There are proposed Opposition amendments [link] on the Order Paper by Hons Gonese, Hwende and Mushoriwa for the Committee Stage.  Hon Gonese’s amendments have been there since mid-February; Hon Hwende’s and Hon Mushoriwa’s amendments followed a little later.  So the Opposition cannot be accused of delaying the Bill until now.  On the other hand, the Opposition will have justification for complaining if the Government rushes the Bill through Parliament.

Criminal Law (Codification and Reform) Amendment Bill [“Patriot Bill”] [link] – for the start of the Second Reading stage with the delivery of the explanatory speech by Minister of Justice, Legal and Parliamentary Affairs.  The report on this Bill by the Portfolio Committee on Justice, Legal and Parliamentary Affairs should  by now be ready for presentation to the House after the Minister’s speech.

Prisons and Correctional Service Bill [link] – for continuation of the Committee Stage, going through the Bill clause by clause from where the House left off at the end of last week [see above]

Medical Services Amendment Bill [link] – for continuation of Second Reading debate.  There are Committee Stage amendments already on the Order Paper by Hon Dr Labode [link].  The report of the Portfolio Committee on Health and Child Care is on the Veritas website [link].

Insurance and Pensions Commission [IPEC] Amendment Bill [link] – for continuation of Committee Stage from clause 4 and the Minister of Finance and Economic Development has further amendments on the Order Paper [link].

Insurance Bill [link] – for start of the Committee Stage.  There are as yet no proposed amendments on the Order Paper, but proposed amendments are expected, judging by what was said by MPs during the Second Reading debate.

Public Finance Management Amendment Bill [link] – for start of Second Reading stage.  

Children’s Amendment Bill [link] – for continuation of Second Reading debate.  Veritas commented on this Bill in Bill Watch 23/2022 [link] and drew attention to the probable need to align its provisions to the Child Justice Bill.  As the Child Justice Bill has now been passed by Parliament without amendment, this comment remains applicable.

Labour Amendment Bill [link] – for continuation of MPs contributions to the Second Reading debate.  The Portfolio Committee report on the public hearings was presented in July 2022 and is available on the Veritas website [link].

Electricity Amendment Bill [link] – for start of Second Reading stage.  Veritas has commented twice, in Bill Watch 42/2022 [link] and “further thoughts” in Bill Watch 52/2022 [link].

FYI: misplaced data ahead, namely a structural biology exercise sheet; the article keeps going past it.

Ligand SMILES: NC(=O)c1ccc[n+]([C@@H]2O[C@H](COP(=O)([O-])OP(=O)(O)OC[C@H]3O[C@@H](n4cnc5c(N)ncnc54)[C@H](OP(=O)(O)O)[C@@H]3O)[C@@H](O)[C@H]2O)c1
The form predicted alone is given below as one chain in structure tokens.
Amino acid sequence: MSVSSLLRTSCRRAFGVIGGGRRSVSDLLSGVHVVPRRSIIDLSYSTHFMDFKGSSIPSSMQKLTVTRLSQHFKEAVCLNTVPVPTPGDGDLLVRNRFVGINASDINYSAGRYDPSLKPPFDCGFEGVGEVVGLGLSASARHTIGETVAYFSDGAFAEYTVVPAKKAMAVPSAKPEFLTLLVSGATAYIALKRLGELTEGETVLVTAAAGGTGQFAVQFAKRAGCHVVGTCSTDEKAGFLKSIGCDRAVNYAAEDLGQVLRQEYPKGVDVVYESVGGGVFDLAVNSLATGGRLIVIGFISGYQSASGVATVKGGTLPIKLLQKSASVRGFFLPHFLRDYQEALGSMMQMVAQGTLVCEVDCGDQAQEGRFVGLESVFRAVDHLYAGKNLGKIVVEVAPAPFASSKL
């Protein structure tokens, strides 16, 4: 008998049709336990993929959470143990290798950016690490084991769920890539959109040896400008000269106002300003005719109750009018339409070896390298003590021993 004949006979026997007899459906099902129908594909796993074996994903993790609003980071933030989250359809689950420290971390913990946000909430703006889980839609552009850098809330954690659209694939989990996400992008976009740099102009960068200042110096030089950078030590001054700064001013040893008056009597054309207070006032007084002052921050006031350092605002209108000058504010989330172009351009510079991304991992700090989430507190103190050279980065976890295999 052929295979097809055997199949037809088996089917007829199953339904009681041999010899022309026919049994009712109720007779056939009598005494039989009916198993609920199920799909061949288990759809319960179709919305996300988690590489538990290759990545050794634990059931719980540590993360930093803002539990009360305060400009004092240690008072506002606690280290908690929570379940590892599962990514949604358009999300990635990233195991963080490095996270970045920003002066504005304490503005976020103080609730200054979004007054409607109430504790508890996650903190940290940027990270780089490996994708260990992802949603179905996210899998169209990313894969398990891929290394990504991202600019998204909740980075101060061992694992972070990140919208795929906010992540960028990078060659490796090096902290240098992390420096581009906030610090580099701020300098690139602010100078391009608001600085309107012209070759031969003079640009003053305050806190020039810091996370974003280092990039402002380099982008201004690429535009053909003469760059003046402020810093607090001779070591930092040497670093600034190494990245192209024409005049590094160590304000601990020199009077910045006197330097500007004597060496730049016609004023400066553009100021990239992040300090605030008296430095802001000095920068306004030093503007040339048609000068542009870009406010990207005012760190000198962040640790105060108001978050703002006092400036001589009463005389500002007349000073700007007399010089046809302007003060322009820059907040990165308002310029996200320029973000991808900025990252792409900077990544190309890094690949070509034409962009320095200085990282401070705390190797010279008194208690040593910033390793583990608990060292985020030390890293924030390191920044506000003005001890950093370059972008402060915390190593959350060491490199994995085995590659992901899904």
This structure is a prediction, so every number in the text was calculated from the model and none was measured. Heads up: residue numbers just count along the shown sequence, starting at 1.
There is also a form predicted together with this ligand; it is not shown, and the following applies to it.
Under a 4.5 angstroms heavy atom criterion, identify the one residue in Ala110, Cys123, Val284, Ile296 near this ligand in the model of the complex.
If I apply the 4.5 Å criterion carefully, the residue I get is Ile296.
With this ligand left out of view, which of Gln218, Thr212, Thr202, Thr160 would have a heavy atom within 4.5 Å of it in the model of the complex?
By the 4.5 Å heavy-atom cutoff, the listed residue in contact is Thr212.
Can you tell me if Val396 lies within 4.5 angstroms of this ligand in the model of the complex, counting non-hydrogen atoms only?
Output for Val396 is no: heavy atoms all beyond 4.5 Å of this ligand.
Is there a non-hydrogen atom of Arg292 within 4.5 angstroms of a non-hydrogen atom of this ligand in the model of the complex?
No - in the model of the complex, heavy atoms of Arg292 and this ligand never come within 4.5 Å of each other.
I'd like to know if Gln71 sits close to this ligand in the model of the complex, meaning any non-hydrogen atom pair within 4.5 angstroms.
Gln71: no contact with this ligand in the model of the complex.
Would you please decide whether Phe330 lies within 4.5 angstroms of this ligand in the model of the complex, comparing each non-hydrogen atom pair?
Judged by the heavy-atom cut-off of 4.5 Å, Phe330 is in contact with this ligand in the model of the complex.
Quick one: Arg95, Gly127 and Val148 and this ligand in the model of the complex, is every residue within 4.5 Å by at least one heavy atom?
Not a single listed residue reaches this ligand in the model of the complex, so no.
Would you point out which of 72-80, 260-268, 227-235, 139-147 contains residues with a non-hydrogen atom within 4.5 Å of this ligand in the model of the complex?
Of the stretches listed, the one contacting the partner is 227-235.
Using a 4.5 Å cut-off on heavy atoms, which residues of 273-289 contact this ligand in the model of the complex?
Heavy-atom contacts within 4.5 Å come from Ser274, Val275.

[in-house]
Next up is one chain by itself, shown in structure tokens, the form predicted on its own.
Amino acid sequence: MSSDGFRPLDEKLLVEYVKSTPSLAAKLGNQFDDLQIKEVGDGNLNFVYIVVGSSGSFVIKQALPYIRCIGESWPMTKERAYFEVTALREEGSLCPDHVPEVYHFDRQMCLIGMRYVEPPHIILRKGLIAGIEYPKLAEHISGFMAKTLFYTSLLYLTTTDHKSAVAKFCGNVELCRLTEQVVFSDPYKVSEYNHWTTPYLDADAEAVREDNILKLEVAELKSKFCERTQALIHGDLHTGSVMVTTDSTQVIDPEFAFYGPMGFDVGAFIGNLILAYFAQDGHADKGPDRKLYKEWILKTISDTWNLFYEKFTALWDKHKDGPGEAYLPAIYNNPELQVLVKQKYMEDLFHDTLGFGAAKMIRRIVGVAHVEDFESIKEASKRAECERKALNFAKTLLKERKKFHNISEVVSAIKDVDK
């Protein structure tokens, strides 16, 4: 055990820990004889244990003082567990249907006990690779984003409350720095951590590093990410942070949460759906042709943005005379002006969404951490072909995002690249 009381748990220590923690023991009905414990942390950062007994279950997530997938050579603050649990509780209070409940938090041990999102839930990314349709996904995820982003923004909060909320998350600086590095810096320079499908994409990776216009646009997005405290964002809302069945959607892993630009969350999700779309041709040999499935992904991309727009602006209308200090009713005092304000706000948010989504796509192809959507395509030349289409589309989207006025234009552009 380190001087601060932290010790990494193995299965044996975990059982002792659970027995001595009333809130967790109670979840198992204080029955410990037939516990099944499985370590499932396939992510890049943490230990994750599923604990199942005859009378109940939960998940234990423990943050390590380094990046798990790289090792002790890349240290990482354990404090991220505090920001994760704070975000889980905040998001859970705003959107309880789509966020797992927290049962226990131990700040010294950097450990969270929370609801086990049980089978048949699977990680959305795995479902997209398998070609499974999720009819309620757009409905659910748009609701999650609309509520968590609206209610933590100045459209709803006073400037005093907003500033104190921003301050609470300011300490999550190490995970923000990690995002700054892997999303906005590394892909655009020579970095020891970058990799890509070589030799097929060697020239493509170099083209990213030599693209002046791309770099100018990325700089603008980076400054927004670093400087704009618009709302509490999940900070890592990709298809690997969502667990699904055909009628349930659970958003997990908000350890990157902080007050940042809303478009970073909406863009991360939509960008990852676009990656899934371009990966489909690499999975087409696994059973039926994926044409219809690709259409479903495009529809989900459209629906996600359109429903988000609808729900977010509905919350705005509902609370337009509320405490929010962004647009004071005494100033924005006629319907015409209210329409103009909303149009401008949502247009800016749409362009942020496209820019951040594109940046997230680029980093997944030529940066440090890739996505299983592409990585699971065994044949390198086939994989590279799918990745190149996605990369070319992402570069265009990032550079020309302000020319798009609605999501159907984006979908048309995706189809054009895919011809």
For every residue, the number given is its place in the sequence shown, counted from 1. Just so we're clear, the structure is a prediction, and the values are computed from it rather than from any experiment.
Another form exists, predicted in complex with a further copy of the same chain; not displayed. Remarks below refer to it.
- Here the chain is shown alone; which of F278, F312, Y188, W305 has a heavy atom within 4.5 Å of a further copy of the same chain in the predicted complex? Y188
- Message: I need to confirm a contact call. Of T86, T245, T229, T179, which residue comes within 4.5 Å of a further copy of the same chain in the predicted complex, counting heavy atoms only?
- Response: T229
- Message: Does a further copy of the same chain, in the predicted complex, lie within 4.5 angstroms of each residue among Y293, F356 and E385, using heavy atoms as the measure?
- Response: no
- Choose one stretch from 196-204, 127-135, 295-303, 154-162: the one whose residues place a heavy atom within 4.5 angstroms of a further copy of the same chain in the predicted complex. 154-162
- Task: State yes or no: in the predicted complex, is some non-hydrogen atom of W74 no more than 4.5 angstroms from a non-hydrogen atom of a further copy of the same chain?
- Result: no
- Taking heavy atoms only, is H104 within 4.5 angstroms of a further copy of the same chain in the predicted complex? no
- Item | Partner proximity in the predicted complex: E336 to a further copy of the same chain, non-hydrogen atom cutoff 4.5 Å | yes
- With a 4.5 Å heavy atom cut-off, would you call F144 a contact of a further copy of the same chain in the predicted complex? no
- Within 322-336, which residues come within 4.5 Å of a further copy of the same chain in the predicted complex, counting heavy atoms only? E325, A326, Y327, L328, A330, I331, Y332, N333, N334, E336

Take-Note Motions on Annual Reports NPRC and ZHRC for  2022

These items are  items 1 and 2 on the Order Paper for Tuesday 16th May but whether MPs will be ready to debate them is considered unlikely.

On the Senate Order Paper for This Week

There are no Bills on the Order Paper for Tuesday 16th May.

There are, however, two motions that have not previously been moved:

Delegation Report on SADC Parliamentary Forum  in Democratic Republic of Congo
This motion related to the 52nd Plenary Session of the SADC Parliamentary Forum held in the DRC from 3rd to 11th December 2022.  It is to be presented by Senator Mohadi, seconded Senator Chief Siansali.

Call for immediate abandonment of current governance system, particularly the electoral system

This motion by Senator Komichi, seconded by Senator Dr Mavetera, challenges the “current divisive and conflictual Western Electoral Systems which created a dualised political landscape” for being an “alien system in both Africa generally and Zimbabwe in particular.  The motion requests the following far-reaching action:

a)     Calls upon the three arms of Government to recommend a Government of National Unity before the 2023 election;

b)     Calls upon Parliament to introduce far reaching reforms in our governance system as a matter of urgency so that political and economic injustices are addressed.

Veritas Bill Tracker

This is a to remind our readers about the “Bill Tracker” feature on the Veritas website. It may be accessed via the menu bar between “Subscribe”  and “Veritas Women” and it gives details of the stages of all Bills with links to relevant documents – texts of Bills, Portfolio Committee Reports – and the progress of Bills through Parliament.



Download Document: